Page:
William Fry’s technology team explains how UK rules enabling consumer contract challenges under GDPR could spill into the Irish market.
In July 2018, Ofcom (the UK’s equivalent of ComReg) announced plans to require communications and utilities providers to inform customers when they are nearing the end of their contracts.
“Many landline, broadband, mobile and pay-TV deals in the market today are offered on contracts with a minimum term of 12, 18 or 24 months,” Ofcom noted. “We want people to be able to take advantage of the wide choice of communication services available and shop around with confidence, so that they can get the best deals for their needs.”
Customers usually cannot leave their contracts during their initial term without paying a termination charge but, once this term has expired, customers are often switched with no notice to a rolling contract. According to Ofcom, this can result in a loss of benefits received during the initial term while also being charged higher prices.
Ofcom has proposed that providers will have to notify their customers in advance of the end of their contract term to give them enough time to “act effectively”.
Data portability in the UK
The Ofcom recommendation follows a wider campaign to encourage competition by making it easier for consumers to switch contracts. Recently, the UK Government launched its Smart Data Review, a new data portability initiative, seeking to make use of the personal data that communications and utilities companies hold on customers. It was hoped that the data could be used to develop a range of new services to improve the consumer experience, such as automatic switching services and utility management tools that consumers can use directly via the proposed Smart Data Hub.
But the provision of such services and tools depends on access to customer data and, quite understandably, many communications and utilities providers are not particularly eager to share data on consumers’ current tariffs, usage rates and other pricing deals.
However, under Article 20 of the General Data Protection Regulation (GDPR), data subjects now have a right to data portability. This right allows for data subjects to obtain personal data that a data controller (such as a communications or utility provider) holds on them and to reuse it for their own purposes – which can include requiring that it be transmitted to another entity to assist with finding the best deals available in the market.
The Article 29 Working Party (now the European Data Protection Board) has issued guidance in which it referred to the right of data portability as “supporting the free flow of personal data in the EU and fostering competition between controllers”. The UK scheme, in essence, is putting the guidance into practice and now hopes to build a process of improving the consumer experience in regulated markets. It appears to see itself as kick-starting the development of a consumer tool hub built on the new GDPR right to data portability (a right echoed in the UK’s Data Protection Act 2018, which will mean it is likely to survive even the hardest of possible Brexits).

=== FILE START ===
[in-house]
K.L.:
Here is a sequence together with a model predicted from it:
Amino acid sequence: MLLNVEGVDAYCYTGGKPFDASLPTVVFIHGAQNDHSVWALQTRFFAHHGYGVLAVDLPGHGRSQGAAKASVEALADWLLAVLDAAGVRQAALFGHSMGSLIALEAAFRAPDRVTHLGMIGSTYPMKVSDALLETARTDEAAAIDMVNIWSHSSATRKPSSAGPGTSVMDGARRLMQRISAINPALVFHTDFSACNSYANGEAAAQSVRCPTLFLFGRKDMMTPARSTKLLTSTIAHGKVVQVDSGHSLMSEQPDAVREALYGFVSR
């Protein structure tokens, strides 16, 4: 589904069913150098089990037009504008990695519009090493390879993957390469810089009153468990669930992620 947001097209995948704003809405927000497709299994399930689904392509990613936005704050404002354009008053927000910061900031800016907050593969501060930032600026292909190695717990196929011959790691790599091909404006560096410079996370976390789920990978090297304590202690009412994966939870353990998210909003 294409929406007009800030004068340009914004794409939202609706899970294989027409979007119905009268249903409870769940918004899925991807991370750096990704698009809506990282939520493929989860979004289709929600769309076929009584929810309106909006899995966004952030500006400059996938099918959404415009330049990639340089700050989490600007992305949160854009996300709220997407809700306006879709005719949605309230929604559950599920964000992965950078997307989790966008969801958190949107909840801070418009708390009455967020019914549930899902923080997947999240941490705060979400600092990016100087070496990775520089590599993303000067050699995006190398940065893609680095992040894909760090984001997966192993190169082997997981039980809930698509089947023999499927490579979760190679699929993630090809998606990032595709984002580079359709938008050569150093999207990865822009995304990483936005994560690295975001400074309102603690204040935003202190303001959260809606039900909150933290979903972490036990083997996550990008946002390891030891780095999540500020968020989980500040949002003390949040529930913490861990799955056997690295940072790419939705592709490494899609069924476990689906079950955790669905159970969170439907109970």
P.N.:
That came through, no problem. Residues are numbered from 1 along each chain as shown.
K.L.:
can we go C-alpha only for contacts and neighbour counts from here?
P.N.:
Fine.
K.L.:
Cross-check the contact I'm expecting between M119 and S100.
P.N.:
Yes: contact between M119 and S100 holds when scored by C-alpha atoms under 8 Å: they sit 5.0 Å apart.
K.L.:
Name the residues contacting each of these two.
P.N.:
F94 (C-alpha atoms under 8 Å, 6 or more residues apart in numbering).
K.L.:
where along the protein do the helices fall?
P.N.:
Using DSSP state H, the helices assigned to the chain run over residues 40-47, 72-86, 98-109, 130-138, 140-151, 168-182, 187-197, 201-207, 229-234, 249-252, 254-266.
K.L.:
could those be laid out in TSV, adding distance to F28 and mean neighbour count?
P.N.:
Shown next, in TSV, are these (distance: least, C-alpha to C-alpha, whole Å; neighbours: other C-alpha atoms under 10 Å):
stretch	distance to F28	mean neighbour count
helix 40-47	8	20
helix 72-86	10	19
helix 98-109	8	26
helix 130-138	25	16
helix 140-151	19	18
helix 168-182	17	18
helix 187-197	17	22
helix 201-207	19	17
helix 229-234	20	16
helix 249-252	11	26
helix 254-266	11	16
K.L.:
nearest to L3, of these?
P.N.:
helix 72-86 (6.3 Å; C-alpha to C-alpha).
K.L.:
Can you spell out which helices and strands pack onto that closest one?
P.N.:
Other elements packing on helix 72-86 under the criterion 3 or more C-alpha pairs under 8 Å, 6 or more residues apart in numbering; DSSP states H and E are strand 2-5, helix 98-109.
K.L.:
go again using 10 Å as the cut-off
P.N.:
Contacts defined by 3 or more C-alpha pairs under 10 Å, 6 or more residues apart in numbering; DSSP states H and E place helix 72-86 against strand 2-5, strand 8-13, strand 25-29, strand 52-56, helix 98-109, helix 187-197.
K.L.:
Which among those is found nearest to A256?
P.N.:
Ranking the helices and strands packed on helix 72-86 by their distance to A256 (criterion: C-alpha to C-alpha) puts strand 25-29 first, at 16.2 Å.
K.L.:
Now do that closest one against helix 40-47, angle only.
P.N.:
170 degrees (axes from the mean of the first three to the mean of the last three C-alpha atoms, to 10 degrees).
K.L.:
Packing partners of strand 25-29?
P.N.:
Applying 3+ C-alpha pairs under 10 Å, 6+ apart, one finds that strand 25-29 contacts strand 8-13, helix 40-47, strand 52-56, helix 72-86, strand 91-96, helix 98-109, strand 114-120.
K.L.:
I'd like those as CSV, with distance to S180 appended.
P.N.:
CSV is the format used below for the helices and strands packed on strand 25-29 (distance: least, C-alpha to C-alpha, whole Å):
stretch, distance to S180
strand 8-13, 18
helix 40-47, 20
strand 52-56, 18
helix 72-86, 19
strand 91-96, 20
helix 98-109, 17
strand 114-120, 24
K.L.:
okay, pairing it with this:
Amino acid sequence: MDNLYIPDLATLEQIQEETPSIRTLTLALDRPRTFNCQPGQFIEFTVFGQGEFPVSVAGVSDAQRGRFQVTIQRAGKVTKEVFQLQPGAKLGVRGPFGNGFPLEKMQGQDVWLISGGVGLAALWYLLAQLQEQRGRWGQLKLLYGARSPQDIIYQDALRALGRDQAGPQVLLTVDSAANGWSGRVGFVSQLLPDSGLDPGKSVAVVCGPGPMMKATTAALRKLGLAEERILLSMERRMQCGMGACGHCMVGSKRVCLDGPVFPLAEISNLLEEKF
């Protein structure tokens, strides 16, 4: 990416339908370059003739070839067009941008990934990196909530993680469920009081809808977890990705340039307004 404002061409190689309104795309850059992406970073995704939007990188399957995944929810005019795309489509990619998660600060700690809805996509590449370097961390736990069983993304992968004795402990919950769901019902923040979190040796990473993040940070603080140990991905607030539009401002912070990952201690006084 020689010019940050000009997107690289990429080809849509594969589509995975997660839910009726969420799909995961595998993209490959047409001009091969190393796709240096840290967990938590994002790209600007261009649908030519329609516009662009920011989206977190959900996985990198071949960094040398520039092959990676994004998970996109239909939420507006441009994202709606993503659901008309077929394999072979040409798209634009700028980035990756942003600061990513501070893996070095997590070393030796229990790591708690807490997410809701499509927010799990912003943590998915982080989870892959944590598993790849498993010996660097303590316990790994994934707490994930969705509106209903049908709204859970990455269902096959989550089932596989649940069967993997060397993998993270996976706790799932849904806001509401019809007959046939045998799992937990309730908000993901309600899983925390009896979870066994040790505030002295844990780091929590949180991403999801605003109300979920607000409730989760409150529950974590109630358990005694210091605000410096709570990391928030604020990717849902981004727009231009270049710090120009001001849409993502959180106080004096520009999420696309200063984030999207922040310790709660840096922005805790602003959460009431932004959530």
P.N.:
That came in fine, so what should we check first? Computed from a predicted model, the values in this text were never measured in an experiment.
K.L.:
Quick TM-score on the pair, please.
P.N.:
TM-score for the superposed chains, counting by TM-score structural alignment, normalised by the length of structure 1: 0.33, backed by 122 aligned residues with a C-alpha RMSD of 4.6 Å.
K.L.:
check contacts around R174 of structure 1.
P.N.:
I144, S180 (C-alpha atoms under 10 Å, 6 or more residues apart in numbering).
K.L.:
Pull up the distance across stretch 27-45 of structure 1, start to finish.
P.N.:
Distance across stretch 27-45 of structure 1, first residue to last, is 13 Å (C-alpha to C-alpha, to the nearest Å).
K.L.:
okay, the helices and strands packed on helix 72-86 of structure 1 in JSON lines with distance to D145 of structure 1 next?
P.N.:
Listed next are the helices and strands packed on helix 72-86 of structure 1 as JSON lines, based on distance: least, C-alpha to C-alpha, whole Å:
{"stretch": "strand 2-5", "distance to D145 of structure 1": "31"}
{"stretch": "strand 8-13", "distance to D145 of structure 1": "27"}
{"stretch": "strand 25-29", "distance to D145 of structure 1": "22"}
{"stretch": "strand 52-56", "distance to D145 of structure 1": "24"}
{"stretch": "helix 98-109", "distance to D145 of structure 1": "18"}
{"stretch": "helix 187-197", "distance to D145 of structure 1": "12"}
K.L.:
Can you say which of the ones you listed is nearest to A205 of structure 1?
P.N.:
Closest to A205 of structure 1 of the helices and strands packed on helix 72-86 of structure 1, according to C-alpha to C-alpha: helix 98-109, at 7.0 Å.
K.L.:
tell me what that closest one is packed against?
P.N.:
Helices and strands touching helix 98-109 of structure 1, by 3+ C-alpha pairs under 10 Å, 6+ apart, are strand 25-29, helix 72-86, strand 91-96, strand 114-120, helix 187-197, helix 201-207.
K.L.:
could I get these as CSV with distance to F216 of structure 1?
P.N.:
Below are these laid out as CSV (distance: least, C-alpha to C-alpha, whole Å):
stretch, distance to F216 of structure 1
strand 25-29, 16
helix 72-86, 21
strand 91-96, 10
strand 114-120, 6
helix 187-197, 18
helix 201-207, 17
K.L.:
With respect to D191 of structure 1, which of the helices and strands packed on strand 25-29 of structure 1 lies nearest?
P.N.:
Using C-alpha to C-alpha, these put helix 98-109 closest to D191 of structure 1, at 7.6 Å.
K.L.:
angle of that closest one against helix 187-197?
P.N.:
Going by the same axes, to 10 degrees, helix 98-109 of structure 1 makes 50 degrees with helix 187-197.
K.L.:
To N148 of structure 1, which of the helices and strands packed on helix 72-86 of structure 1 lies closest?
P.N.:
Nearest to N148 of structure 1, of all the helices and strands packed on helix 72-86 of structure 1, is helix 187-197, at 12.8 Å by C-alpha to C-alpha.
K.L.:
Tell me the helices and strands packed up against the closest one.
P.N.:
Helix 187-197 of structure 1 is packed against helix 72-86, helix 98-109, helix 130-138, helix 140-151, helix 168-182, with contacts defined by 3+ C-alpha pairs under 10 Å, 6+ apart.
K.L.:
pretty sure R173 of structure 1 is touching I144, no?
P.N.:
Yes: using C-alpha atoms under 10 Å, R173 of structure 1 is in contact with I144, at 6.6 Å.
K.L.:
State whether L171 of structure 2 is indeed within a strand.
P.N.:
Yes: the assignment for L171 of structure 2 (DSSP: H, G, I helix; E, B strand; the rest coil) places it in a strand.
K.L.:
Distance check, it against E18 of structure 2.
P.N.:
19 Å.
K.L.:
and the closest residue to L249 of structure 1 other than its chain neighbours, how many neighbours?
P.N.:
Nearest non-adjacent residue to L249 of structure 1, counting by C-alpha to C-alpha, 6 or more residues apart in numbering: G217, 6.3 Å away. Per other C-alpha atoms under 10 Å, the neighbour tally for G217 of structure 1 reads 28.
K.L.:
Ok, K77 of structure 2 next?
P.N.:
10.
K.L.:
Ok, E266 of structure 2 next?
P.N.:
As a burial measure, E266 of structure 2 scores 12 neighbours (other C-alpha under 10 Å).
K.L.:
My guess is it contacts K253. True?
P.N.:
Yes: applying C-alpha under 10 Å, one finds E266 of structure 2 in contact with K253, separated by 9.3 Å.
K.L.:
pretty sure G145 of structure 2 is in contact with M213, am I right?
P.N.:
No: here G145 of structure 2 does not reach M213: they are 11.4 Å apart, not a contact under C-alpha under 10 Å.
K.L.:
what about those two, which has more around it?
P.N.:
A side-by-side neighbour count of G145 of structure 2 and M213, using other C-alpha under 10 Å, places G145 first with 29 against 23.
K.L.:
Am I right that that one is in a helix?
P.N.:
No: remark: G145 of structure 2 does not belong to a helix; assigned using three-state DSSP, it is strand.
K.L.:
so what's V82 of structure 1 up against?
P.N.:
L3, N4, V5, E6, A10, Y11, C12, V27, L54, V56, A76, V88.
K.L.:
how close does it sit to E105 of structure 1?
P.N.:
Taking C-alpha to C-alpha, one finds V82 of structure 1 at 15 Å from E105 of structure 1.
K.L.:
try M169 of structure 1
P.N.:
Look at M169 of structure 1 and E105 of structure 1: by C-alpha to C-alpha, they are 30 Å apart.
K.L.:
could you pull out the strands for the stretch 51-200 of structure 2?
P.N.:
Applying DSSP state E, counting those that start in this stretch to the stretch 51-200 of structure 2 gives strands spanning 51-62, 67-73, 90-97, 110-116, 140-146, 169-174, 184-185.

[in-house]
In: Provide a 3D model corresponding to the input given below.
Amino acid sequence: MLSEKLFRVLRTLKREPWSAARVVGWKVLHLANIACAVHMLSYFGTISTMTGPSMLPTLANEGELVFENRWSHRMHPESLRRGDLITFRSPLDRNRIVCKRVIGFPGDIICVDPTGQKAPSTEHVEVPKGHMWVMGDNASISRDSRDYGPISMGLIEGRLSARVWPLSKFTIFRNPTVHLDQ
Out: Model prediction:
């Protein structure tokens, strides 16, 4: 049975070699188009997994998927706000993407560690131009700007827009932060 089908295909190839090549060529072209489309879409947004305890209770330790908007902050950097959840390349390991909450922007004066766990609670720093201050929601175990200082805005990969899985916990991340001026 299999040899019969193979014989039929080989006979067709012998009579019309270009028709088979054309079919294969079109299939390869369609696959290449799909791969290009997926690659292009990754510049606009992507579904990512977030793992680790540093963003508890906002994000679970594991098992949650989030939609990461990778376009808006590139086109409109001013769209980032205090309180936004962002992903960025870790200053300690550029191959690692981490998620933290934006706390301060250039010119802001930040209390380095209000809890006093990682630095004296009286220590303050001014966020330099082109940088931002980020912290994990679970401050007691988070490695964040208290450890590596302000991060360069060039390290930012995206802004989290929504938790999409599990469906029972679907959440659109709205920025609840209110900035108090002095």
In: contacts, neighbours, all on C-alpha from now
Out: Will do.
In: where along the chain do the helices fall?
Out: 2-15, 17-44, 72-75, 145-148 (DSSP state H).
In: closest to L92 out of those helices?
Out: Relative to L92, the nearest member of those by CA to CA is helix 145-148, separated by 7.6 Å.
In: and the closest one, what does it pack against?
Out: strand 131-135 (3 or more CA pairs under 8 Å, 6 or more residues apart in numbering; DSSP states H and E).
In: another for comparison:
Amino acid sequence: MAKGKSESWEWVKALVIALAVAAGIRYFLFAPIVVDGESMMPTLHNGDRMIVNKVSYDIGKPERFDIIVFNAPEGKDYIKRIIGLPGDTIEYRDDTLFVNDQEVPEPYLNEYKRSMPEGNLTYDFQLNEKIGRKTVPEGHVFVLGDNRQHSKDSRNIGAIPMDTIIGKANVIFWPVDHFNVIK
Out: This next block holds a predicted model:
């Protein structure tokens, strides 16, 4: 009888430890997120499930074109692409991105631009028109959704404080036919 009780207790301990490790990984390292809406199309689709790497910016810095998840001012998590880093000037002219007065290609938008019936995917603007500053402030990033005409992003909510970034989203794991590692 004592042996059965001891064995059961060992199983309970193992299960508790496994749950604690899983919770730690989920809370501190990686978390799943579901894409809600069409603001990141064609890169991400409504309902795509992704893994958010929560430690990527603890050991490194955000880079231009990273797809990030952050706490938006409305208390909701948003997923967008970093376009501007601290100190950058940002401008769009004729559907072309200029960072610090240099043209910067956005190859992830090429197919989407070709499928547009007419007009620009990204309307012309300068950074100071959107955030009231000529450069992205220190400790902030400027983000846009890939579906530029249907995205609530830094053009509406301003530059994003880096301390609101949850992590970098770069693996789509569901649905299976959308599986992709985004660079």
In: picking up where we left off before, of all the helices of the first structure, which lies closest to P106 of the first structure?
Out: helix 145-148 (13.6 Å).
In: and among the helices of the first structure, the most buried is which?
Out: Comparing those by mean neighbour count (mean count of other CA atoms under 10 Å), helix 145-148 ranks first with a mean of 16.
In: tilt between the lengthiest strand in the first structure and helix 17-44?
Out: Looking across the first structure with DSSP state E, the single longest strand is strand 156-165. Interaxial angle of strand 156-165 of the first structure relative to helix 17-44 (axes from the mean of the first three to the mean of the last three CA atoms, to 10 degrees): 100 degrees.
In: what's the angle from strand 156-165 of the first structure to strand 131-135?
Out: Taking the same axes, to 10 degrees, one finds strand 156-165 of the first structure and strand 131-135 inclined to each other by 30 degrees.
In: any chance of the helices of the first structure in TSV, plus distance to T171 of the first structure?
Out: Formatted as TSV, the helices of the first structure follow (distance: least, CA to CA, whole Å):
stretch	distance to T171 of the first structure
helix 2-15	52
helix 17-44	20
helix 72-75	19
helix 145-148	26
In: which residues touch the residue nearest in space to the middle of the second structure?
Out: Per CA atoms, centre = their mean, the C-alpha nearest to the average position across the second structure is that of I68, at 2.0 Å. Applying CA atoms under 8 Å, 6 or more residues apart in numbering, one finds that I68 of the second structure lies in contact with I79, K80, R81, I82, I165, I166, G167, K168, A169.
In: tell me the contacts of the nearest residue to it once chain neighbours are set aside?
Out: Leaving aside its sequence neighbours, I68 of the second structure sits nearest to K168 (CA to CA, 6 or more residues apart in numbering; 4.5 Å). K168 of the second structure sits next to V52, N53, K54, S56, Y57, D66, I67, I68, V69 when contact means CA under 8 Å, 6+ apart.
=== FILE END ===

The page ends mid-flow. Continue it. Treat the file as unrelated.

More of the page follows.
Changes for Ireland on the horizon
In Ireland, although there have not been any similar initiatives yet announced, it is likely only a matter of time. Helen Dixon, the Irish Data Protection Commissioner, has spoken about how the right to data portability under the GDPR will lead to a “big change in industries such as banking, insurance, utilities and telecommunications” while also leading to an “increase in competition”.
In Ireland, the current market practice has not always been easy for individuals that may wish to switch service providers, with the process often involving having to submit a new and complete information packet to the competitor in order to negotiate a better rate. As this takes time and a certain degree of effort, many consumers are less likely to pursue transacting with new companies, preferring instead to continue with the established company from which they already receive services.
However, if Ofcom’s calls to actions in the UK are taken up and the Smart Data Review achieves its objectives, we should expect similar processes to be launched in Ireland in the near future, assisting consumers to utilise their new data protection rights to explore options with different service providers.
While the GDPR has created new consumer options for individuals, there are new opportunities for businesses, too. More transparency is likely to create a more level playing field as new customers will be available that may previously have been put off by the bureaucracy, paperwork and overall difficulty, if that can be significantly reduced.
Businesses that develop the best means to respond to data portability requests, together with strategies for approaching the inevitable market shifts that will result, will be at a distinct advantage over their competitors in the coming years.
John O’Connor and Leo Moore are partners in William Fry’s technology group, which is led by partner David Cullen. Solicitor Alex Towers also works with the technology team, which advises Irish start-ups and established international brands on technology matters such as data protection, intellectual property, licensing, outsourcing and e-commerce.
A version of this article originally appeared on the William Fry blog.